Rodney Scott Spreads the Joy with BBQ
By Beverly Stephen
Be forewarned. If you read Rodney Scott’s World of BBQ (Clarkson Potter) or watch his episode on the Netflix series Chef’s Table BBQ, you’re gonna need a BBQ fix. Do not pass go, get to the nearest rib joint immediately. Better yet, if you live anywhere near Charleston, drive straight to Rodney Scott’s Whole Hog BBQ on upper King Street.
The aromatic smoke will have you salivating before you get to the parking lot. On a sunny June morning, Scott took time to sit down for a chat at one of the blue picnic tables behind his restaurant shortly before lunch time opening. Whole hogs had been roasting overnight in the six pits built at the side of the restaurant and the air was smelling good. Scott was wearing a T-shirt saying simply “cut, chop, cook” which happens to be the title of a documentary the Southern Foodways Alliance produced about pit masters instead of one of his favorites emblazoned with his personal motto “every day is a good day.”
Whole hog BBQ is a time-honored tradition in the South and Scott was inducted early—he cooked his first hog when he was 11– in his family’s business Scott’s Variety Store and Bar-B-Q in the small town of Hemingway two hours north of Charleston. Whole hog BBQ is a labor-intensive process requiring overnight attention to make sure the hog is burnished to a golden brown and not burned. It is not a process that normally leads to fame and cookbooks and television shows. When Scott graduated high school, a woman told him he was just going to end up down at the pits.
But a can-do entrepreneurial spirit propelled him to take his BBQ skills to Charleston and onto the national map with a New York Times story by John T. Edge, a James Beard award for Best Chef Southeast, international travel, a business partnership with restaurateur Nick Pihakis, a second location in Birmingham and a third in Atlanta opening this summer.
So much for a prophecy that he wouldn’t amount to much. There was no way he was going to fall through the cracks and get involved with drugs or any kind of trouble.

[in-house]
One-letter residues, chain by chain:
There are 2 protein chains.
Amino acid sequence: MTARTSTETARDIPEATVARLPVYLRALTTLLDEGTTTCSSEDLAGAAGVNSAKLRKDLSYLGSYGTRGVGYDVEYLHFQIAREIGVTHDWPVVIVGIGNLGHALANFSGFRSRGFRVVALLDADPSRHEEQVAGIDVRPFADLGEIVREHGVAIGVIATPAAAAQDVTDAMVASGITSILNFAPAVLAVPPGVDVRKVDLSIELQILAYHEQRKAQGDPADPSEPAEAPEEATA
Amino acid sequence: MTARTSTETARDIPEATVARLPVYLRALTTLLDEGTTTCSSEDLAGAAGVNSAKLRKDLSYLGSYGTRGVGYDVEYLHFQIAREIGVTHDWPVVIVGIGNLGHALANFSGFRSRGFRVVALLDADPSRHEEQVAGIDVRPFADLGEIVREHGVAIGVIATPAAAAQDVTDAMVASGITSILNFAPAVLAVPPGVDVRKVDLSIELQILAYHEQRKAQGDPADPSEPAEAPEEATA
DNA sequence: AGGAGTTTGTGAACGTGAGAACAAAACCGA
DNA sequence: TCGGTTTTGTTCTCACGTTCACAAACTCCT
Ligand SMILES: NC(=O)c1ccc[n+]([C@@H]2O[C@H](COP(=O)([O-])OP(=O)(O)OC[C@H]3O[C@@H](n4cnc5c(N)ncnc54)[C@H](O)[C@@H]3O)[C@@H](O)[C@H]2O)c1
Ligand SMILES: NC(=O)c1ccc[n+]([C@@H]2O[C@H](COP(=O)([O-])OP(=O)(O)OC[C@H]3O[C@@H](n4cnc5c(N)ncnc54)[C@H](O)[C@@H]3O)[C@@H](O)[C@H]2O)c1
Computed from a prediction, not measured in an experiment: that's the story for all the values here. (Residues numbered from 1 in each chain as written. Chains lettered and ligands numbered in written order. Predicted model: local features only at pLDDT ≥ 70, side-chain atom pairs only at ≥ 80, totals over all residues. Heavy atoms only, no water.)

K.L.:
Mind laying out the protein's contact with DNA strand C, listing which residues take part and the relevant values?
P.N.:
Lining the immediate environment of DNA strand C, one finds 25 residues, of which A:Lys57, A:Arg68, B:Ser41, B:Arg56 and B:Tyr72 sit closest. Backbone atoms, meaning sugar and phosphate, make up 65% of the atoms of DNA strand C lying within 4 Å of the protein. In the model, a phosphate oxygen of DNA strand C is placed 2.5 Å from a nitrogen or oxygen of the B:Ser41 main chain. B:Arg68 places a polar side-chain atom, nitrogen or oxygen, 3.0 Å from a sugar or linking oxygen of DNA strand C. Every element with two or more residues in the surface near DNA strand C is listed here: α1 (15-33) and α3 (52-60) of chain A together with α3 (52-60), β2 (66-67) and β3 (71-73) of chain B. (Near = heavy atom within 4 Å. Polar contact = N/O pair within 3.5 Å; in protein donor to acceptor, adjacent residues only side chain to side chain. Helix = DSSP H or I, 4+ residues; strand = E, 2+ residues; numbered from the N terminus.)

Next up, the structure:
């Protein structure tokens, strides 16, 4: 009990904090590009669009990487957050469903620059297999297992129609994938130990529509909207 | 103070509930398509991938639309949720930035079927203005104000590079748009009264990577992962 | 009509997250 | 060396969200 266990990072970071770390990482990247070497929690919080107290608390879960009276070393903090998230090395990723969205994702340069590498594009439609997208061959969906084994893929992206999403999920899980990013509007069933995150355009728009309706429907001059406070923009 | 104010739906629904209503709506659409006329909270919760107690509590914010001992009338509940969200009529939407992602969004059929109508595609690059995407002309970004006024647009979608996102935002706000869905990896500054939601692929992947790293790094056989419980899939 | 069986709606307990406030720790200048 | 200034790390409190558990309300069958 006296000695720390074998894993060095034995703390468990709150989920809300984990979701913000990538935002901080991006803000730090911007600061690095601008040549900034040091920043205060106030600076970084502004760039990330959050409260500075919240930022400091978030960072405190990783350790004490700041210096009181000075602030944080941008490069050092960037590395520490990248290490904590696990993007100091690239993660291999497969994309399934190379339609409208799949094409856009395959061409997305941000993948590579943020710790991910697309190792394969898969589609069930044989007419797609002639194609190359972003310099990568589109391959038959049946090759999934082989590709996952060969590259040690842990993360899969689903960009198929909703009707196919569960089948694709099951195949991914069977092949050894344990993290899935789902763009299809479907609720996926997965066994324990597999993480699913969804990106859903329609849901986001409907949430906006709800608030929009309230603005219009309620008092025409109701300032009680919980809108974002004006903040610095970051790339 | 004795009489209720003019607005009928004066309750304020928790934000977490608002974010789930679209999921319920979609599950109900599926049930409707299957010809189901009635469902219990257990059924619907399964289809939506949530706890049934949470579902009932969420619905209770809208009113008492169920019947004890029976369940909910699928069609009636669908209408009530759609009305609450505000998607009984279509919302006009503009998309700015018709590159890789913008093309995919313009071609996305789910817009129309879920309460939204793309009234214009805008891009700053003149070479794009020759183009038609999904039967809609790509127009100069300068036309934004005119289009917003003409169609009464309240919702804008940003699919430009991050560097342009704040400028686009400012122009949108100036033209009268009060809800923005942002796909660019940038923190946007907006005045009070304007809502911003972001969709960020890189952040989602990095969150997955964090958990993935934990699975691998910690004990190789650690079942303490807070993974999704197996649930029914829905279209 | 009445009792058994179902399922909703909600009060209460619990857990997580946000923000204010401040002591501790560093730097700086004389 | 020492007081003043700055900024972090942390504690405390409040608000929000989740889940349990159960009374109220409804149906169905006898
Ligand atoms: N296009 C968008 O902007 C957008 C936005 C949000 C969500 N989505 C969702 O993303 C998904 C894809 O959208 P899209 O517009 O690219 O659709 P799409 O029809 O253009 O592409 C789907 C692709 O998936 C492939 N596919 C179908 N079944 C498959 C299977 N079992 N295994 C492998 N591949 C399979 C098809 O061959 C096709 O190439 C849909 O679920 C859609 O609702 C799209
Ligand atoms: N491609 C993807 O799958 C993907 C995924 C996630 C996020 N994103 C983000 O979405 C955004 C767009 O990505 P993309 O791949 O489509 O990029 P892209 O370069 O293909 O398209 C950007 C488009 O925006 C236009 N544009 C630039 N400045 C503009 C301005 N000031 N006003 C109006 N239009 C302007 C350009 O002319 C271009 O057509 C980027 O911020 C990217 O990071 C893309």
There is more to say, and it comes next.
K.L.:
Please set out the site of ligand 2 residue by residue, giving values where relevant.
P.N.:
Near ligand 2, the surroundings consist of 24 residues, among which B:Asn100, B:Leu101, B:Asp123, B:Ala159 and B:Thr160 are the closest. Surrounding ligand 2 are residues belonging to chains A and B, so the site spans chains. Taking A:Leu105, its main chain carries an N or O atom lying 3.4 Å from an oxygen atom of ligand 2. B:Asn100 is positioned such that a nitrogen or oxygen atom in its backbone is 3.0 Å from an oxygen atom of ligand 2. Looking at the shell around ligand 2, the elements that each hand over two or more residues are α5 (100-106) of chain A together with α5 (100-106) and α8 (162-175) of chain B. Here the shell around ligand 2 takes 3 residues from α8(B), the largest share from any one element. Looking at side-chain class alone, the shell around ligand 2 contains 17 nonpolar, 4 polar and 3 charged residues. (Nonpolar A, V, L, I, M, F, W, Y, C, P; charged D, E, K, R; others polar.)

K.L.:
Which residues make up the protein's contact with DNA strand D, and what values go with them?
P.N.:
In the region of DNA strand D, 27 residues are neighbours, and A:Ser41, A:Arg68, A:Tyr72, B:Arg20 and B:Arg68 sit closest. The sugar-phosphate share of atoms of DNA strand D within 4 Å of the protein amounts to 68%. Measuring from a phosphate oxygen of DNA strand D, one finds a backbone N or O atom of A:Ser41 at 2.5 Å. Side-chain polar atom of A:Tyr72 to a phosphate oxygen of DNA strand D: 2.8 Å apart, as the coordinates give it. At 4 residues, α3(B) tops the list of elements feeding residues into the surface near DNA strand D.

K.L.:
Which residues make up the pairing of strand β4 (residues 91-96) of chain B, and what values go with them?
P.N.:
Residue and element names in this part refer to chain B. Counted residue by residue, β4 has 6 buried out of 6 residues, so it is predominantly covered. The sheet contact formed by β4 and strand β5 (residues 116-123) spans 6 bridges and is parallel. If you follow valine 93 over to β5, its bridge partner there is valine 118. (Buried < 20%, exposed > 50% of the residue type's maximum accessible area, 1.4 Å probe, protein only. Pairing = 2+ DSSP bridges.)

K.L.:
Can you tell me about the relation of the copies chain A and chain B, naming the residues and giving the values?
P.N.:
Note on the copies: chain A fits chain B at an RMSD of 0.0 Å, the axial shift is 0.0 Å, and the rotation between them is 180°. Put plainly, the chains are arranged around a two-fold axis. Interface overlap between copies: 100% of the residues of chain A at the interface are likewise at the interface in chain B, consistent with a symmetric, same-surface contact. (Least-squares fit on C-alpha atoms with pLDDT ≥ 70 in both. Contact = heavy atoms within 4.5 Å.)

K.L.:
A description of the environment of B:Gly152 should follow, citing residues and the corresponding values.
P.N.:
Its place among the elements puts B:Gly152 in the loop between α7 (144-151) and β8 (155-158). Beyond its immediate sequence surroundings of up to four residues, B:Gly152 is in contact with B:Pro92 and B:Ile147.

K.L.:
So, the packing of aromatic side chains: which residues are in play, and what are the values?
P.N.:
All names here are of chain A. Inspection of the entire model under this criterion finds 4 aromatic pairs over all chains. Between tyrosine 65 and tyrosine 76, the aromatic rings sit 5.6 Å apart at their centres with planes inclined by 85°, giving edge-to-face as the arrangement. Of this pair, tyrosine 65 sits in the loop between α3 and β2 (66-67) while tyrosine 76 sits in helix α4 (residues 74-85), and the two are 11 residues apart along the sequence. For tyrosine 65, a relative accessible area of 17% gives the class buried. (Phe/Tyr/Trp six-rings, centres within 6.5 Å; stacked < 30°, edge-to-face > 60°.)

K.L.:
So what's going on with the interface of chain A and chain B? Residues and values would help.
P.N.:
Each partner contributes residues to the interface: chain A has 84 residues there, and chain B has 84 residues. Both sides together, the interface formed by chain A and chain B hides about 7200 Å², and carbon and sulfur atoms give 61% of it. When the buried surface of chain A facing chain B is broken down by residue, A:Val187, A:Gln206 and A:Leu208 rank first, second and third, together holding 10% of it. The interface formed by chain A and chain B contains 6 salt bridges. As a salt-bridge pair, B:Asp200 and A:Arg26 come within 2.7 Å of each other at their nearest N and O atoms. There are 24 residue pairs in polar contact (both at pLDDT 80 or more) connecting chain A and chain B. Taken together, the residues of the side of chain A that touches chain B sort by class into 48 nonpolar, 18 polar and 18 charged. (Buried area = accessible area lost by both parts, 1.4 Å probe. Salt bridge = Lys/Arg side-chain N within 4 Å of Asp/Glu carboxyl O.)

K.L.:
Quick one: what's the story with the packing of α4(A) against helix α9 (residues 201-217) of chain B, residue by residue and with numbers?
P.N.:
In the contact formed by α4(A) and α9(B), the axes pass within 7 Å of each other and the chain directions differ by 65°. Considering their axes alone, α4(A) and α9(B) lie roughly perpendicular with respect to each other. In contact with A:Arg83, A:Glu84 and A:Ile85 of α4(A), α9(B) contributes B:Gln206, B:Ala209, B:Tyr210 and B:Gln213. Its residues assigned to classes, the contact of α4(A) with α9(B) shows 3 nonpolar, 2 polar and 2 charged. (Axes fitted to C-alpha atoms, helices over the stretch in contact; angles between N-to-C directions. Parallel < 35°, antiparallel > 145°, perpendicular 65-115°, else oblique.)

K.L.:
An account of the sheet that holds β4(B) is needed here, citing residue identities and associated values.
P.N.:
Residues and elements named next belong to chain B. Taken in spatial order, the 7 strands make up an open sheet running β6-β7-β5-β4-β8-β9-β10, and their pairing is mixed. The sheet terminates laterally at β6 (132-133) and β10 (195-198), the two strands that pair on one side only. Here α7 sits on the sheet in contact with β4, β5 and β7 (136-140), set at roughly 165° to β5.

“I’ve never been to jail,” he writes. “I wanted to be a success. And even before I knew what that would mean in my life, I knew that it started by avoiding trouble. Once I got in my thirties and I hadn’t had any problems with the law, I figured all I had to do was maintain.”
Scott firmly believes that “every day is a good day” and that “good times outweigh the bad.”
This is not to say he hasn’t had his share of setbacks. There was a fire that burned the Hemingway store to the ground. There were financial hard times. There was a falling out with his father that he was never able to repair. His father passed away this past December. Although Scott tried calling him, “he would hang up on me,” he says with a hint of sadness even though he says he’s made peace with it. “You gotta keep moving,” he says. “I talk to my Mom every day. She still has the store. I make sure she lacks for nothing.”
Now he has staff to tend the hogs and he has figured out the timing so that there are people to tend the hogs until closing time and people to tend them starting at 5 a.m. “When I started out, it was all night,” he says.
Over the years, “the equipment has evolved,” he says. “We take what we learn and apply it, but it’s still whole hogs and wood.” And what’s with the mop? “It’s the best way to baste the hog with sauce,” Scott explains. “That mop never touches the floor.”